Why Running Out of Memory Occurs in the Vault SDK Code?
If running out of memory in SDK extensions, User-Defined Services (UDS) may be able to help. SDK extensions that perform complex operations with bulk data can run into memory limits. Vault enforces a 40 MB memory limit for all SDK extensions such as triggers and actions. SDK extensions consume memory when a variable is instantiated or a service method is used. This memory is not freed up until the extension finishes executing. When processing bulk data, developers can use up all the memory allowed, resulting in an error dialog displaying the memory-exceeded error being displayed to the user.
User-Defined Services allow you to reclaim the memory used by wrapping memory-intensive code into a reusable service. The memory used by the User-Defined Service methods is returned when the methods exits. Only the memory used by the return value of the method counts towards the limit.
So what is the difference between User-Defined Services and User-Defined Classes (UDC)? User-Defined Classes allow developers to structure code into reusable methods; however, User-Defined Class methods do not return the used memory back to the memory limit. Therefore, User-Defined Classes are best used for sharing and processing complex data objects or for structuring code for reuse, typically for use cases that won’t deal with large amounts of data and run into memory issues.
To see the difference, let’s look at an example of a Record Trigger which is called as a result of a data load of 500 records via Vault Loader. In this case, the inserted data may require field defaulting, validation, grouping and other processing before being inserted. Processing records in this manner requires holding the record in memory while the processing logic executes. If a record uses 1 MB of memory, a User-Defined Class implementation would use up 40 MB of memory before hitting the limit and displaying an error. Whereas, with a User-Defined Service, the memory usage would be only of the return values of the User-Defined Service methods and any memory used in code outside of the User-Defined Service. This is because the memory used by the record and the processing logic is released when the User-Defined Service method completes. The memory usage differences between User-Defined Services and User-Defined Classes can be verified using the LogService’s logResourceUsage method. Refer to the Javadocs for details about using this service.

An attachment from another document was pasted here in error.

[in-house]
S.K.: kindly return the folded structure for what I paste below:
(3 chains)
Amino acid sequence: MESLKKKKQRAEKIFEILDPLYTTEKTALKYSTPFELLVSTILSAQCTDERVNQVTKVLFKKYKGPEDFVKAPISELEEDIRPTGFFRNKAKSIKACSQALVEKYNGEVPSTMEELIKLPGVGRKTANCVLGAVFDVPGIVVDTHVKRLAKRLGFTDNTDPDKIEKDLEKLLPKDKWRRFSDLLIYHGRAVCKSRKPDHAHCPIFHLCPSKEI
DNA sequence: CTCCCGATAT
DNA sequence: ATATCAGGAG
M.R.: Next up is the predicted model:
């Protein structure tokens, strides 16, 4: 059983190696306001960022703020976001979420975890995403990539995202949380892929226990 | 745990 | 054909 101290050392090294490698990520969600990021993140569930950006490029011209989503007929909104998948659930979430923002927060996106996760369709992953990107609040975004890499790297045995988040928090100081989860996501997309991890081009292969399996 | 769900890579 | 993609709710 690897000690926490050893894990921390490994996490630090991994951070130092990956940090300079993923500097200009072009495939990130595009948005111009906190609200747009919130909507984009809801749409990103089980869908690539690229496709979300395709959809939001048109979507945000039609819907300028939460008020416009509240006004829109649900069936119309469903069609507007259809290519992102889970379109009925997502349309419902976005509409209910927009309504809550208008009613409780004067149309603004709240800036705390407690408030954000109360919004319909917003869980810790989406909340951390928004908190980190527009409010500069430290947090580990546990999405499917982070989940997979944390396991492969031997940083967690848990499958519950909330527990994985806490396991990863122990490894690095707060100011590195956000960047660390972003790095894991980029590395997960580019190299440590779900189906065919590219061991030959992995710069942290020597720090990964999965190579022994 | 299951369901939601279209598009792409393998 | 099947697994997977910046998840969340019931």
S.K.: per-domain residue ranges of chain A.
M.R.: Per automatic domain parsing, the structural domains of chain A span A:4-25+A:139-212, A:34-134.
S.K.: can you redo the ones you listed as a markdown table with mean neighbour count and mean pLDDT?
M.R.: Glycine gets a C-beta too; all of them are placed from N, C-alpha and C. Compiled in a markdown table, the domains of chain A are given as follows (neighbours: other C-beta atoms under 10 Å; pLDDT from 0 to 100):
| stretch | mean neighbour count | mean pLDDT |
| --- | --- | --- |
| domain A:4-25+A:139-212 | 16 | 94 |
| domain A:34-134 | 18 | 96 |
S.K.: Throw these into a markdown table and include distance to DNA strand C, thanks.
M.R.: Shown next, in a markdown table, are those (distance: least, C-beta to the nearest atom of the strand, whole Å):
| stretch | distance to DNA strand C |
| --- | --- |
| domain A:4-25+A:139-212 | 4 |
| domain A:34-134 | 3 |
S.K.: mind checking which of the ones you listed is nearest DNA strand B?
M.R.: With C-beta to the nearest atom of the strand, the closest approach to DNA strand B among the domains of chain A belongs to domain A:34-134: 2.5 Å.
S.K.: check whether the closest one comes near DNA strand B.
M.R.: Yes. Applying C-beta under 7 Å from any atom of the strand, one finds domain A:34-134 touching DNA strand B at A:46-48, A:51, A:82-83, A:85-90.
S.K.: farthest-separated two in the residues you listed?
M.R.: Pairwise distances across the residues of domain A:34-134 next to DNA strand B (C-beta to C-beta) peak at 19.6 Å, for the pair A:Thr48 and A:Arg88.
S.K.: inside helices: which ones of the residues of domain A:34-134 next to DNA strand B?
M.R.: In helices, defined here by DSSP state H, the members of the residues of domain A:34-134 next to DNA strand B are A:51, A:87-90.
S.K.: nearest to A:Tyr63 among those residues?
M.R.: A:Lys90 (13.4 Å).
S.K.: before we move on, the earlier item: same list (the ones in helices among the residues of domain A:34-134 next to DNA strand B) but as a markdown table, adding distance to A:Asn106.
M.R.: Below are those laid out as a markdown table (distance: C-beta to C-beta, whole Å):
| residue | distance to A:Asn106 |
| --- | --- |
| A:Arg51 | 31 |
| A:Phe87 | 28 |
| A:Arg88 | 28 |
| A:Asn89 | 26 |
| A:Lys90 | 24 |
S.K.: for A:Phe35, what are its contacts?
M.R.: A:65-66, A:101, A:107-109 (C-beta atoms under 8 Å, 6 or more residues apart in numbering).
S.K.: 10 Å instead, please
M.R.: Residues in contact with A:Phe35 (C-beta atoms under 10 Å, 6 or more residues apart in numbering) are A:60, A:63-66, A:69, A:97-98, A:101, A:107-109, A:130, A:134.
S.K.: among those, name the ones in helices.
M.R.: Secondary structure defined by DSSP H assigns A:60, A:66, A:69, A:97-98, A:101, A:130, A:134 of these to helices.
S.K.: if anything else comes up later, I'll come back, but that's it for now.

Using a User-Defined Service is just like using a Vault SDK provided service: it must first be located using the ServiceLocater. After it is located, the methods of the User-Defined Service can be called. Refer to the Javadocs for details about using this service.
// Locating the User-Defined Service and the Log Service
ProductSearchUserDefinedService productSearchUserDefinedService = ServiceLocator.locate(ProductSearchUserDefinedService.class);
LogService logService = ServiceLocator.locate(LogService.class);
// Log Resource Usage before the UDS method is called
logService.logResourceUsage("Before reduceProductQuantity Method Call: ");
// Use UDS method
logService.logResourceUsage("After reduceProductQuantity Method Call: ");
In summary, User-Defined Services are a tool that can be used to lower the memory usage of SDK code and make code reusable. User-Defined Services are best suited for scenarios involving bulk data processing that don’t require data to be shared among methods or triggers/actions. User-Defined Services are preferred over User-Defined Classes when memory usage is a concern as they do not retain any data after the method exits.
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